Open Access

Two‑component signaling pathways modulate drug resistance of Staphylococcus aureus (Review)

  • Authors:
    • Shizhou Wu
    • Kaifeng Lin
    • Yunjie Liu
    • Hui Zhang
    • Lei Lei
  • View Affiliations

  • Published online on: June 9, 2020
  • Article Number: 5
  • Copyright: © Wu et al. This is an open access article distributed under the terms of Creative Commons Attribution License.

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As the issues surrounding antibiotic‑resistant strains of Staphylococcus aureus (S. aureus) are becoming increasingly serious concerns, it is imperative to investigate new therapeutic targets to successfully treat patients with S. aureus infections. The two‑component signal transduction system is one of the primary pathways by which bacteria adapt to the external environment, and it serves an important role in regulating virulence gene expression, cell wall synthesis, biofilm formation and bacterial activity. There are 17 two‑component signaling pathways in S. aureus, among which WalKR/VicSR/YycGF, AirSR/YhcSR, vancomycin resistance associated regulator/sensor and LytRS have been demonstrated to serve vital roles in regulating bacterial resistance, and are hypothesized to be potential targets for the treatment of S. aureus infections. The present review assesses the mechanism of the two‑component signaling pathways associated with the development of S. aureus resistance.

1. Introduction

Staphylococcus aureus (S. aureus) is a Gram-positive coccus with low-GC content (1). Due to variations in certain genes in the bacterial genome and the introduction of exogenous genes, this strain exhibits different degrees of drug resistance against β-lactams, quinolones and aminoglycosides (1). Since osteomyelitis is caused by methicillin-resistant S. aureus (MRSA), investigating novel targets and methods for treating MRSA has become an urgent clinical need (2).

Bacteria need to regulate their metabolism in response to changes due to environmental stress, such as antibiotics, temperature and oligotrophy (3). Two-component signal transduction systems (TCSTs) are primary signaling mechanisms utilized by bacteria to regulate metabolism in response to environmental changes (3). The mechanisms underlying TCSTs regulatory systems are activated following physical or chemical stimuli from the external environment; the histidine protein kinase receptor proteins anchored to the cell membrane sense the change in the external environment and undergo phosphorylation. The phosphate group is transferred to the response regulator which undergoes phosphorylation, and this is mediated by phosphotransferase. Subsequently, the phosphorylated response regulators bind to the promoter sequences of the downstream target gene, thereby regulating its expression, upregulating expression of proteins which allow the bacteria to adapt to external environmental changes and enhance the adaptive viability of bacteria (4,5).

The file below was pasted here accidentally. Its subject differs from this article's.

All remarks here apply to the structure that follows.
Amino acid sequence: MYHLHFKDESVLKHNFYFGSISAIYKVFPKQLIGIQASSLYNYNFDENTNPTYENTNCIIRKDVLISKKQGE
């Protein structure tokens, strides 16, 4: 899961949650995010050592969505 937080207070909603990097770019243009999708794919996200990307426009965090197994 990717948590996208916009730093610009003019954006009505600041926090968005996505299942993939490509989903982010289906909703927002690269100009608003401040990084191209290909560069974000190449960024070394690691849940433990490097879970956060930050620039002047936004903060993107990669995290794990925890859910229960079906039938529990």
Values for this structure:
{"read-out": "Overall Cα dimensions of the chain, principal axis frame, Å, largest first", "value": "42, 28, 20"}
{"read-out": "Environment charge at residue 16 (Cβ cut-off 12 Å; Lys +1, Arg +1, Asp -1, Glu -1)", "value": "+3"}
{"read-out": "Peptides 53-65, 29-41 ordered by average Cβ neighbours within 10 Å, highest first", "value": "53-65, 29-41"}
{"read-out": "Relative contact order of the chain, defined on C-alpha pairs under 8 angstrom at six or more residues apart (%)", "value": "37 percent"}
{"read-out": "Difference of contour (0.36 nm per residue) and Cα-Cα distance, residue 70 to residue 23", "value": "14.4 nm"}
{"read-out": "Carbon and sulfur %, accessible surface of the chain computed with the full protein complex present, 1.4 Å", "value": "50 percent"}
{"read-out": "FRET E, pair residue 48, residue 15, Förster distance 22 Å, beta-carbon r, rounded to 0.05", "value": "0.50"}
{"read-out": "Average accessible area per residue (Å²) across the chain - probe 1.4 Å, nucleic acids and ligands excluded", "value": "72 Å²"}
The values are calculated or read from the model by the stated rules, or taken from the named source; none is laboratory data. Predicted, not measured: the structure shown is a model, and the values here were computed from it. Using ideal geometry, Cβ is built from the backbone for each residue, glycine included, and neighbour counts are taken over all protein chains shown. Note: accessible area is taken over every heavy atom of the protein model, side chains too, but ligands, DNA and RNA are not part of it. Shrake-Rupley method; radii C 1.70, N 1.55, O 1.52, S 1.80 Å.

The two-component signaling pathways are widely found in prokaryotic bacteria, such as S. aureus (6). The entire genome of S. aureus has been analyzed and it has been demonstrated that there are 17 two-component signaling pathways involved in the regulation of bacterial physiological metabolism (7). S. aureus resistance is inextricably associated with the regulation of the two-component signaling pathway (8). The present review assesses the current body of literature available regarding the mechanisms of two-component signaling pathways, and the emergency of developing suitable therapeutics to combat drug resistant S. aureus infections.

2. WalKR/VicSR/YycGF two-component signaling pathway

WalKR is a highly conserved and specific two-component signaling pathway in Gram-positive bacteria with low GC-content (9). S. aureus is Gram-positive with low GC-content (10). The walKR gene is an essential gene that is involved in the regulation of cell wall synthesis and other types of physiological metabolism (10). Howden et al (11) analyzed 10 types of vancomycin-intermediate resistance in S. aureus (VISA) and three types of heterogeneous VISA (hVISA) strains via high-throughput sequencing. The results demonstrated that eight types of VISA and two types of hVISA strains harbored site mutations in the walKR gene, and that this gene exhibited the highest degree of mutational frequency (11), suggesting that the walKR gene serves an important role in the generation of VISA and hVISA strains. The walKR protein not only participates in the regulation of cell wall synthesis, but also specifically binds to the promoter regions of the lytM, atlA, ssaA and isaA genes to positively regulate the expression of autolysin and peptidoglycan hydrolase, so as to modify the surface structure of the cell wall, including shortening the length of sugar chains in the cell wall and decreasing the degree of cross-linking of peptidoglycan (11). By changing the phenotype of the cell wall to increase bacterial resistance, the effectiveness of antibiotics which target the cell wall, such as vancomycin, is suppressed (11,12).